Mustafa says that the three-year jail term is “extremely disproportionate to the offence”. “If you look at the Indian Penal Code, offences like culpable homicide not amounting to murder, printing and smuggling of counterfeit currency, certain categories of sedition charges, etc., attract a lesser penalty. The provision is bizarre,” he told India Legal.
The Congress party, which has to take the blame for forcing Muslim women to continue facing the ignominy of being forced out of marriage due to talaq-e-biddat because of its legislative reversal of the 1985 Supreme Court verdict in the Shah Bano case, has now been backing the move to ban instant triple talaq. However, it is still opposed to the Modi government’s Bill.
Sushmita Dev, All India Mahila Congress chief, told India Legal: “We support any move to declare instant triple talaq illegal. However, the draft Bill is unacceptable because it doesn’t ensure that the wronged wife gets the means to sustain herself and her children after being abandoned by her husband following an illegally pronounced divorce. Where is the guarantee that the husband will provide financial assistance? Why will he or his family pay the wife if he is imprisoned?”
While Modi and his law minister, Ravi Shankar Prasad, have been quick to blame the Opposition for stalling the passage of the Bill, the events that unfolded in the monsoon session tell a different story. For a better part of the session, the Bill was not listed for discussion and passage in the Rajya Sabha. Then, days ahead of the session’s conclusion, the cabinet approved changes to the Bill and listed it for passage on August 10—the last day of the session.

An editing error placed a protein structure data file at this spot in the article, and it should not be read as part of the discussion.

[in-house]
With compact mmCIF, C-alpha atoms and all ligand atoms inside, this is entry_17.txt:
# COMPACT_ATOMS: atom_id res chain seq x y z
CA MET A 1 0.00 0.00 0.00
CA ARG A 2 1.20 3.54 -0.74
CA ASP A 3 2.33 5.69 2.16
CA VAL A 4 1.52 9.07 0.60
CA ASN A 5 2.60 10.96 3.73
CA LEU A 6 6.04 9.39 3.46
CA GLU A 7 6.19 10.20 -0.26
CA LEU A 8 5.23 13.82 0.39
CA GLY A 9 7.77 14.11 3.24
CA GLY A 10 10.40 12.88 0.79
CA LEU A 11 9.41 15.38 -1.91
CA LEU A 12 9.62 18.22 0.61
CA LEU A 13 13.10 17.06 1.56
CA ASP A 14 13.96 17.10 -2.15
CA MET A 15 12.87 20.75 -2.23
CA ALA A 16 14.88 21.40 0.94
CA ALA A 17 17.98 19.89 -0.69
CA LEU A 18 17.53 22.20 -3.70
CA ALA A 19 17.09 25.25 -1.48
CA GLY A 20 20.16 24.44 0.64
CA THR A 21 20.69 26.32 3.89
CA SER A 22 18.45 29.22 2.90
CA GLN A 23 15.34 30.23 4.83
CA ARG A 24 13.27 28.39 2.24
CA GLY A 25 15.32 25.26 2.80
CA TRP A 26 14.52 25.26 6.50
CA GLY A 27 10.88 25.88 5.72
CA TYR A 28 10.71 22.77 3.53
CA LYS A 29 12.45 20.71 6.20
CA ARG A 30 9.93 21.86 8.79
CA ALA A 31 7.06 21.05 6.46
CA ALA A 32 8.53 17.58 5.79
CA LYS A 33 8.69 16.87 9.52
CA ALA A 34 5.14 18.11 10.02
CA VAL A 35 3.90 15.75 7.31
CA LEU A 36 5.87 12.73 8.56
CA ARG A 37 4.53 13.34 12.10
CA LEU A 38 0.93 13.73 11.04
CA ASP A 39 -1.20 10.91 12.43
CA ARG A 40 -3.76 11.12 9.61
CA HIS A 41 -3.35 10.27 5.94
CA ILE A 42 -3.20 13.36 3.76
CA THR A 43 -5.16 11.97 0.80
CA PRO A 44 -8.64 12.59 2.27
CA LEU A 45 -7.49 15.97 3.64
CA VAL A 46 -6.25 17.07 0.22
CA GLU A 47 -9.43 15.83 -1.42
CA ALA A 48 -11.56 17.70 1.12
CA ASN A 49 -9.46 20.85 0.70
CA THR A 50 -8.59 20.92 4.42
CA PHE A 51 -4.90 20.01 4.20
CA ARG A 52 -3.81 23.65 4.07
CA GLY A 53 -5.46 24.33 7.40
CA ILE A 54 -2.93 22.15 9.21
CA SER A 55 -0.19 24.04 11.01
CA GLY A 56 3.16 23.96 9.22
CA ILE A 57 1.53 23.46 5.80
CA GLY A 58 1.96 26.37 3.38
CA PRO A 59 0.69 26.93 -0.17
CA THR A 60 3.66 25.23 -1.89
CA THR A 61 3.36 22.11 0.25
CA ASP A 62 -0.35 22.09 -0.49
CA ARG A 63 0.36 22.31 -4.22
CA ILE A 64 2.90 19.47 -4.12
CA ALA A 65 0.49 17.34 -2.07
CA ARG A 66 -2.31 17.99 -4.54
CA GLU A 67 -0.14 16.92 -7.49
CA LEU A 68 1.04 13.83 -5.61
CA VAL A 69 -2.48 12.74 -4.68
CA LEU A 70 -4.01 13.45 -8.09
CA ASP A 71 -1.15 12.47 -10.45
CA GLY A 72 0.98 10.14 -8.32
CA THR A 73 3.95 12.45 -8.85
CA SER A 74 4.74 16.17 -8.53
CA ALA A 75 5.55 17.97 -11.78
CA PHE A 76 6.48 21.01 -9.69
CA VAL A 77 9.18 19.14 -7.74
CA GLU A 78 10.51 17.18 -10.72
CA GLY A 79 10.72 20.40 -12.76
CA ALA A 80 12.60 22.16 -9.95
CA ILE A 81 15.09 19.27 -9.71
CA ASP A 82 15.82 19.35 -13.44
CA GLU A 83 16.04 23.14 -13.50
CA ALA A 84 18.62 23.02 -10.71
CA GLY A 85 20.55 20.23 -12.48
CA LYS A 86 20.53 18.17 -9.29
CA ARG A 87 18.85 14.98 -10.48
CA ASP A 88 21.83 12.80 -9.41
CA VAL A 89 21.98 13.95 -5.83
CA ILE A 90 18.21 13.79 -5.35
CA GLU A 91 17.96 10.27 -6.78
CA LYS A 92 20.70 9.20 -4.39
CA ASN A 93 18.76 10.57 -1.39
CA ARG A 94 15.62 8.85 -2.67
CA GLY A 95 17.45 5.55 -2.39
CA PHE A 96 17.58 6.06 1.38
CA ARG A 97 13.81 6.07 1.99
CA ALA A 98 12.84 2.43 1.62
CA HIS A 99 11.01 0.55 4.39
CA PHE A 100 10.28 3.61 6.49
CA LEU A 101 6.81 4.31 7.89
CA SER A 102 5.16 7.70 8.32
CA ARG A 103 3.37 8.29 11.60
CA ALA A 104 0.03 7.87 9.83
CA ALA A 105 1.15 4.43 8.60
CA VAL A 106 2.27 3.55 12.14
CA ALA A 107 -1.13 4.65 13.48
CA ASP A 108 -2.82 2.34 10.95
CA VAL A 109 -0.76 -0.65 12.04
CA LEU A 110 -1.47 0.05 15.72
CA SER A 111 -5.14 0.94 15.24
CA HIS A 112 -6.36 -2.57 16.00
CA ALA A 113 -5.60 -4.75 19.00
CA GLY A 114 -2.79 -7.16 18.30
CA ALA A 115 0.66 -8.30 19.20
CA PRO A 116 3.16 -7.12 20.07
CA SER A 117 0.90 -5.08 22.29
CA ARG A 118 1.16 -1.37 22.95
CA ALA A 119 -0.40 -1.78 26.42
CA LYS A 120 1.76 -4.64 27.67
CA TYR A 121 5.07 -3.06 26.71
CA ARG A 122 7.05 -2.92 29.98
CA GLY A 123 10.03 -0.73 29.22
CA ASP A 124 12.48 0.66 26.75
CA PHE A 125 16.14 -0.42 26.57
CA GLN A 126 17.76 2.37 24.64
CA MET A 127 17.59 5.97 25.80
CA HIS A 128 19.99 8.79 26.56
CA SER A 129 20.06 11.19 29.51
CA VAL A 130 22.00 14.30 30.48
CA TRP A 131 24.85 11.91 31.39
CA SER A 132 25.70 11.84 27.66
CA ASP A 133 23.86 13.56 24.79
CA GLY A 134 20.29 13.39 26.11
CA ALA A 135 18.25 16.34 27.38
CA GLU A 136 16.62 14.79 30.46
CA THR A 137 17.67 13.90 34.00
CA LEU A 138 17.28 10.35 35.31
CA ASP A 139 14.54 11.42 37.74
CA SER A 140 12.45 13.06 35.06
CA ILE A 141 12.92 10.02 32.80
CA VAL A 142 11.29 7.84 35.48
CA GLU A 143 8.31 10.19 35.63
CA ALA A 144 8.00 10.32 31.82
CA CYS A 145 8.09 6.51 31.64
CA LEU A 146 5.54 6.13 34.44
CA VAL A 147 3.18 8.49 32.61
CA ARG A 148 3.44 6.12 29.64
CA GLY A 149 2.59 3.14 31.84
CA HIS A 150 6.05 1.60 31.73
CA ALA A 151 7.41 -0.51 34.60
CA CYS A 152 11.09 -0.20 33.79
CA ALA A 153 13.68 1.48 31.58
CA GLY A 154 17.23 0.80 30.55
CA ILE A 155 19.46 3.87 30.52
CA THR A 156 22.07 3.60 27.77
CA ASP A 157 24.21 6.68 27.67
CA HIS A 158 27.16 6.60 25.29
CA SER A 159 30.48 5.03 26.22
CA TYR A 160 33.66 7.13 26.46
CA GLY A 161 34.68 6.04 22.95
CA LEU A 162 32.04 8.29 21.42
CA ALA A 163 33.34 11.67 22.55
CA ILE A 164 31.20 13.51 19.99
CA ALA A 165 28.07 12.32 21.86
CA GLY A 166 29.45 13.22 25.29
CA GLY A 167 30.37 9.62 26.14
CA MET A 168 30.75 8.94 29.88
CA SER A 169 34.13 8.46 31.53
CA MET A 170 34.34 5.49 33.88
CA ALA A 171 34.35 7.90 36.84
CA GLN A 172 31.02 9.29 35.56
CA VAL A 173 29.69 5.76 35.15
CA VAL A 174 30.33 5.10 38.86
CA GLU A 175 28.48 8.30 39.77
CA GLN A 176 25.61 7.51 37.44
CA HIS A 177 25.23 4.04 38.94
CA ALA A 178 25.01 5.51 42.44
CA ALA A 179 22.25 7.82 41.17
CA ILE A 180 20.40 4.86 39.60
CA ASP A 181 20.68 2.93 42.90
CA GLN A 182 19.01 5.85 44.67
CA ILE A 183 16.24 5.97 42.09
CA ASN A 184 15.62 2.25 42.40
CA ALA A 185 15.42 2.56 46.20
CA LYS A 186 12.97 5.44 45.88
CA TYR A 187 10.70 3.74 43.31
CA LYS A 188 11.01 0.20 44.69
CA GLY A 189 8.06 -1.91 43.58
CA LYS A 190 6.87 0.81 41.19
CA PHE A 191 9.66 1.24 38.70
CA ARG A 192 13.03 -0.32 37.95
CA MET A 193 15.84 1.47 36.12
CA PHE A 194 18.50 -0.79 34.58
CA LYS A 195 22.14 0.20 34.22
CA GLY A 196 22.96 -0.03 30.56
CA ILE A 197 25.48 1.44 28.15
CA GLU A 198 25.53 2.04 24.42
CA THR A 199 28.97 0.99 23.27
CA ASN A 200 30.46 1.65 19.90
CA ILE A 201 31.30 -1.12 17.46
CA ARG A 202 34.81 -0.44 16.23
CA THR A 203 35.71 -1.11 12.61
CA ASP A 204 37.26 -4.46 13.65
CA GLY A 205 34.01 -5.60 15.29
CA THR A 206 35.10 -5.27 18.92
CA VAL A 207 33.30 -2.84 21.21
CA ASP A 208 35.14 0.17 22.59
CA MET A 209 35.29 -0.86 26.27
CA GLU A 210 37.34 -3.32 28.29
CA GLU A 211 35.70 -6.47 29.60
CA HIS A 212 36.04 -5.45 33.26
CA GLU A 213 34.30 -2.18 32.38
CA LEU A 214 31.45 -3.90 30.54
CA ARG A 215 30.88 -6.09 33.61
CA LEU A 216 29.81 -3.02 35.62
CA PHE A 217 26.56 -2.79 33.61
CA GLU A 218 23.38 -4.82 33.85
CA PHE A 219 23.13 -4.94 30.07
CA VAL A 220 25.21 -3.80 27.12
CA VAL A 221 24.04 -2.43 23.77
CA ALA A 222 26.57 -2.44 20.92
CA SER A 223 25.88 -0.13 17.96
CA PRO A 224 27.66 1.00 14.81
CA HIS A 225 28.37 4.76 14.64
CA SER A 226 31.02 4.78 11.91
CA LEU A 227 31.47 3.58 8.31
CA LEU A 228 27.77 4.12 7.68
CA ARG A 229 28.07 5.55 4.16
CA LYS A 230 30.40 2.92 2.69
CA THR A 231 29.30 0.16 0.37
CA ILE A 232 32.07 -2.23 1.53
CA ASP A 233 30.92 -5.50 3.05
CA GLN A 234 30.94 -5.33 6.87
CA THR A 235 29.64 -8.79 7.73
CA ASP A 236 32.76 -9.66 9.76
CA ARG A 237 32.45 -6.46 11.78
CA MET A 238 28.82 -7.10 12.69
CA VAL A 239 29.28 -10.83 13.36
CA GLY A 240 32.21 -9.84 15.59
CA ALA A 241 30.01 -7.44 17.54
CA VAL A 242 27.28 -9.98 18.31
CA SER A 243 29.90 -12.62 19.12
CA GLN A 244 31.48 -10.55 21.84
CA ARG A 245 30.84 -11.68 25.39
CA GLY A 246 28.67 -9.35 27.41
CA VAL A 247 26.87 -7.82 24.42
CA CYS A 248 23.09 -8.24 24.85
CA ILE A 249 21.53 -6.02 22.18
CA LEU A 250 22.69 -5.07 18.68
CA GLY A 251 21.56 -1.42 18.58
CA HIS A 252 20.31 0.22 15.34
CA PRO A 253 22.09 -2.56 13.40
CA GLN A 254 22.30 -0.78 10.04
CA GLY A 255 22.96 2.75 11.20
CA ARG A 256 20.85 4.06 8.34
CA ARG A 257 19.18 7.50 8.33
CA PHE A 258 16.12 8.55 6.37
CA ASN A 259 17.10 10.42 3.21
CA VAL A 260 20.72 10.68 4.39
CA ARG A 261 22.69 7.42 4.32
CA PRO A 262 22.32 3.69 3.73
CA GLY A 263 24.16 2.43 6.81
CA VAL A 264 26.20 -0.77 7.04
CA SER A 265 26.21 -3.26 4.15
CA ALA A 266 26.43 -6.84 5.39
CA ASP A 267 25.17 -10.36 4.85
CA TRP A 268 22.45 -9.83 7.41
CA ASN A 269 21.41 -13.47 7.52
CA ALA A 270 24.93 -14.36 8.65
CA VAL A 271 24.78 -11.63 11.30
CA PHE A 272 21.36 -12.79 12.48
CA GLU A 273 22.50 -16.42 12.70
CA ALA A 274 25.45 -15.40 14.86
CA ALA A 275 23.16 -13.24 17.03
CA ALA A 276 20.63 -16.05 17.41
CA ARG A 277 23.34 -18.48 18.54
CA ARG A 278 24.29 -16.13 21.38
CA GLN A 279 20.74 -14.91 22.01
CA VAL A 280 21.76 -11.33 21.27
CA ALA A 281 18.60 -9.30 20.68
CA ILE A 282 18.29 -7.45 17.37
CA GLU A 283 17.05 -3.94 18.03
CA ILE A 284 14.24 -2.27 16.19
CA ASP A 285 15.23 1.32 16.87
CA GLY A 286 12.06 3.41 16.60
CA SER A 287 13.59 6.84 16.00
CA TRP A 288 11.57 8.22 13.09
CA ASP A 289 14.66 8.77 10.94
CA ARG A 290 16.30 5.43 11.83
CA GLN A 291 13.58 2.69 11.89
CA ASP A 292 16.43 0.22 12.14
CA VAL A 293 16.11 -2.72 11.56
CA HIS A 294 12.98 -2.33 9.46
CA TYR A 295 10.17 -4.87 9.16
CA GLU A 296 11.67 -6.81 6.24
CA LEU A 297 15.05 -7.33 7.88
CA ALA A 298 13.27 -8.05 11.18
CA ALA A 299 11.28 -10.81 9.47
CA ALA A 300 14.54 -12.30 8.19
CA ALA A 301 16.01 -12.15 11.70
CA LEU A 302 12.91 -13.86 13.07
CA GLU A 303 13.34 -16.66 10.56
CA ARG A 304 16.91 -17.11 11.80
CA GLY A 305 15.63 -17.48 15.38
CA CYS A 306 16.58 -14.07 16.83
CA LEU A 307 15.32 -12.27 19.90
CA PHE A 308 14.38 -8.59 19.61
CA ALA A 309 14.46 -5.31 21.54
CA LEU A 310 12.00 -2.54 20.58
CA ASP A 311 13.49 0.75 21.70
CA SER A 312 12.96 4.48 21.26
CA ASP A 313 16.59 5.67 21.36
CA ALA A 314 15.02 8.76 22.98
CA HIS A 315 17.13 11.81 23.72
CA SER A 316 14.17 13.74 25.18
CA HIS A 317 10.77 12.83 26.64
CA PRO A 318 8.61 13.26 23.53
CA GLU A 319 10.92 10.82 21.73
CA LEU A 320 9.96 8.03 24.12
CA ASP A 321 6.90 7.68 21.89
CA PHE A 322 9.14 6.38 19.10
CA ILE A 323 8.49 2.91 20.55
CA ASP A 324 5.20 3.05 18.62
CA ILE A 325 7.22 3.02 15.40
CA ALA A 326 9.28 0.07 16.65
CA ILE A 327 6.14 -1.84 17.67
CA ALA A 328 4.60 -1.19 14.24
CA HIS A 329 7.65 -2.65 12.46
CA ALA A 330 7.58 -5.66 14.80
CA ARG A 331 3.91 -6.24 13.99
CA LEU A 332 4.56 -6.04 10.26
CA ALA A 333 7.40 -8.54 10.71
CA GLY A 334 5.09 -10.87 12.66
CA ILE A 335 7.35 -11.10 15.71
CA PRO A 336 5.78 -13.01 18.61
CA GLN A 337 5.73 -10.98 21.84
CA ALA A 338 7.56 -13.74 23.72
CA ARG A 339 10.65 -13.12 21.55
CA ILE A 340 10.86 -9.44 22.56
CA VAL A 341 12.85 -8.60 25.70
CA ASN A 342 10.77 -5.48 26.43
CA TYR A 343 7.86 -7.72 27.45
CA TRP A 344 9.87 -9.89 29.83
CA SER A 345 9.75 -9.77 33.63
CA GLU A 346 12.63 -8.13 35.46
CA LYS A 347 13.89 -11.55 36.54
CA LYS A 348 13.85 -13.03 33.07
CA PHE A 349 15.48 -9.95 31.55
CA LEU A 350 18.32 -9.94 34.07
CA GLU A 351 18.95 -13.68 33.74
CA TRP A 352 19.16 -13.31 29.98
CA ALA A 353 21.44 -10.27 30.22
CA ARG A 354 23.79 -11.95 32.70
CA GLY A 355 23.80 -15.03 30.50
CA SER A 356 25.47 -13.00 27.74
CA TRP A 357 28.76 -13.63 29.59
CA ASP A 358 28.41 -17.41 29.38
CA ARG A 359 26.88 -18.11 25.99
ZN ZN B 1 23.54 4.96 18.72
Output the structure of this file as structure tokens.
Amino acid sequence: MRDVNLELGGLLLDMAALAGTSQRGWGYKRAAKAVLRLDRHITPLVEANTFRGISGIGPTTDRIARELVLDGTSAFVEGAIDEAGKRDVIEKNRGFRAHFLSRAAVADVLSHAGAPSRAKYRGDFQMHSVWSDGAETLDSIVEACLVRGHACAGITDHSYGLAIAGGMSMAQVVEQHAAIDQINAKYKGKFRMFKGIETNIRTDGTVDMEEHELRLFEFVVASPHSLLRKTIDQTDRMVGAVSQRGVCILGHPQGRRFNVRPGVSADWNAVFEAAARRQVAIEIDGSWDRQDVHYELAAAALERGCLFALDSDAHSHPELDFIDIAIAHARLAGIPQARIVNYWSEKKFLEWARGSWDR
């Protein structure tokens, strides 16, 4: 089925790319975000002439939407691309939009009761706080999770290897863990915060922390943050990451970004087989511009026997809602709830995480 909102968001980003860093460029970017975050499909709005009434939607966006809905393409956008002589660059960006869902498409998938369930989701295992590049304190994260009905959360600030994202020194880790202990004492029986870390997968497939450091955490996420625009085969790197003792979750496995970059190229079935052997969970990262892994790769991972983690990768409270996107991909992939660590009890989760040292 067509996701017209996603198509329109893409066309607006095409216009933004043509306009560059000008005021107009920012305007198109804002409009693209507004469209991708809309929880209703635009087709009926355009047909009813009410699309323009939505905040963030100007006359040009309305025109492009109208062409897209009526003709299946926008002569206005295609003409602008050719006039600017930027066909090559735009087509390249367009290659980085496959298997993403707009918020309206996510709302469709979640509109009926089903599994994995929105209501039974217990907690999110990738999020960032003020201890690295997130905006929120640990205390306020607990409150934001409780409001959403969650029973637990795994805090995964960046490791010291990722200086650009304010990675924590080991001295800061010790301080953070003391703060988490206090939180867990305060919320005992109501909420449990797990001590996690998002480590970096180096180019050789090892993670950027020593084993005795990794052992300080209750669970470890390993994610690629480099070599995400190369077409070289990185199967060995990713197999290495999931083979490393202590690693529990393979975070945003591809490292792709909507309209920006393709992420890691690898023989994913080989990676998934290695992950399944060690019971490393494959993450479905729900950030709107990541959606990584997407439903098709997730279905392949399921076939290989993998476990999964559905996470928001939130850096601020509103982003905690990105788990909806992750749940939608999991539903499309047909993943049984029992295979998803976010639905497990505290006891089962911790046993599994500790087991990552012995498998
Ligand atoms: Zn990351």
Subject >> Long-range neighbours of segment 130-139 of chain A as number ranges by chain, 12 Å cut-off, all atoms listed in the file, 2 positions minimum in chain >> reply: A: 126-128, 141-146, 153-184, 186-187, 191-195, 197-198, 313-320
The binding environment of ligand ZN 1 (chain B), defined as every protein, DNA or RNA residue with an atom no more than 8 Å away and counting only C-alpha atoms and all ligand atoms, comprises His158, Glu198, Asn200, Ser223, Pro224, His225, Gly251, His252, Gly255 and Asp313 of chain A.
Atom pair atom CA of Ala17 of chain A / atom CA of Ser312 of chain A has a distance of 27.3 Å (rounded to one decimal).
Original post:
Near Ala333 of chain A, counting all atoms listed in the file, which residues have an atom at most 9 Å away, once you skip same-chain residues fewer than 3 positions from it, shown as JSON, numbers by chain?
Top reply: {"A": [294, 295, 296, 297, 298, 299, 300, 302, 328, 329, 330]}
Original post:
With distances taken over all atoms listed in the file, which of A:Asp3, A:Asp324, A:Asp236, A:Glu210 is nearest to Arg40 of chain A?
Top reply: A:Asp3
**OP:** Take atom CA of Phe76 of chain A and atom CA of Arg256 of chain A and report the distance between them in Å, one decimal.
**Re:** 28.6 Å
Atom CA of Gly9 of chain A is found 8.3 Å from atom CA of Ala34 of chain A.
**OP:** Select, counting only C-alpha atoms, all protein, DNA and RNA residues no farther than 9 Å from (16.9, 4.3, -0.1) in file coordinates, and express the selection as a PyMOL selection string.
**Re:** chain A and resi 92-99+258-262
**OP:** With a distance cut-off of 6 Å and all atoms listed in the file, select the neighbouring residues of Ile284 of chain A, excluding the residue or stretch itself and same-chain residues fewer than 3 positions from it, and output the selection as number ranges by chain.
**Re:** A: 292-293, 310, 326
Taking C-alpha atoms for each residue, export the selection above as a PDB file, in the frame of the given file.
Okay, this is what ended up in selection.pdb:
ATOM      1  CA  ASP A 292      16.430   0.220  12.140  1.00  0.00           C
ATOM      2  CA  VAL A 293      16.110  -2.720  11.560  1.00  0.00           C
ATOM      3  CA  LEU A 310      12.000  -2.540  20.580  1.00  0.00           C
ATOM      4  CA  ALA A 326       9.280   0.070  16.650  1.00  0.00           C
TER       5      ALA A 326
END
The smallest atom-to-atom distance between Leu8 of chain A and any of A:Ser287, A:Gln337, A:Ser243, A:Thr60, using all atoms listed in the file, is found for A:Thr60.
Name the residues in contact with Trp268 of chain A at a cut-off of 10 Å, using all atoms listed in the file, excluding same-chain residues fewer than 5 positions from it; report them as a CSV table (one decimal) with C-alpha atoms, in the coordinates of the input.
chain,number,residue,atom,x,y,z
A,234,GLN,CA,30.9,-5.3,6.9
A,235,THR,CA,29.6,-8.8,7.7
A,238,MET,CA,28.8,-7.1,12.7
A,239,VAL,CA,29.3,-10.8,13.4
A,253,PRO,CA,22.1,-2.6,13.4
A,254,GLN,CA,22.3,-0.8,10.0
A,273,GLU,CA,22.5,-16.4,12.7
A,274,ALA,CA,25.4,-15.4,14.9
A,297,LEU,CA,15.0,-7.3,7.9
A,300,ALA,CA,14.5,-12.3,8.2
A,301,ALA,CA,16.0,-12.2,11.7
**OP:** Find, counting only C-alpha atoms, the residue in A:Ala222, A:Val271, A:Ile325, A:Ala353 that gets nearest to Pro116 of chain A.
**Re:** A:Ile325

Disruption in proceedings of the Rajya Sabha had been witnessed through the session. It was evident that the last day would be no different given the Opposition’s relentless attack over the alleged Rafale deal scam. Even if the Rajya Sabha had cleared the new version of the Bill, it would have to be sent back for discussion and passage by the Lok Sabha—something that was unlikely to happen within a day.
Why didn’t the government show greater sincerity and urgency in getting the Bill passed by Parliament if the interests of Muslim women was a subject “close to the heart” of the prime minister? Perhaps BJP leader Subramanian Swamy gave the game away long before the changes were even made to the draft Bill. More than a month back, in candid interviews to a news agency and portal, he claimed that the BJP raked up the issue of banning triple talaq to “divide the Muslim community’s vote, gain votes of Muslim women while continuing to consolidate its Hindu support base”.
Promises of social reform, even unfulfilled ones, are a good gamble for winning elections. The next Lok Sabha polls are less than a year away. Muslim women may, however, need to wait longer for the actual reform to happen.
The journey for justice is still far from over.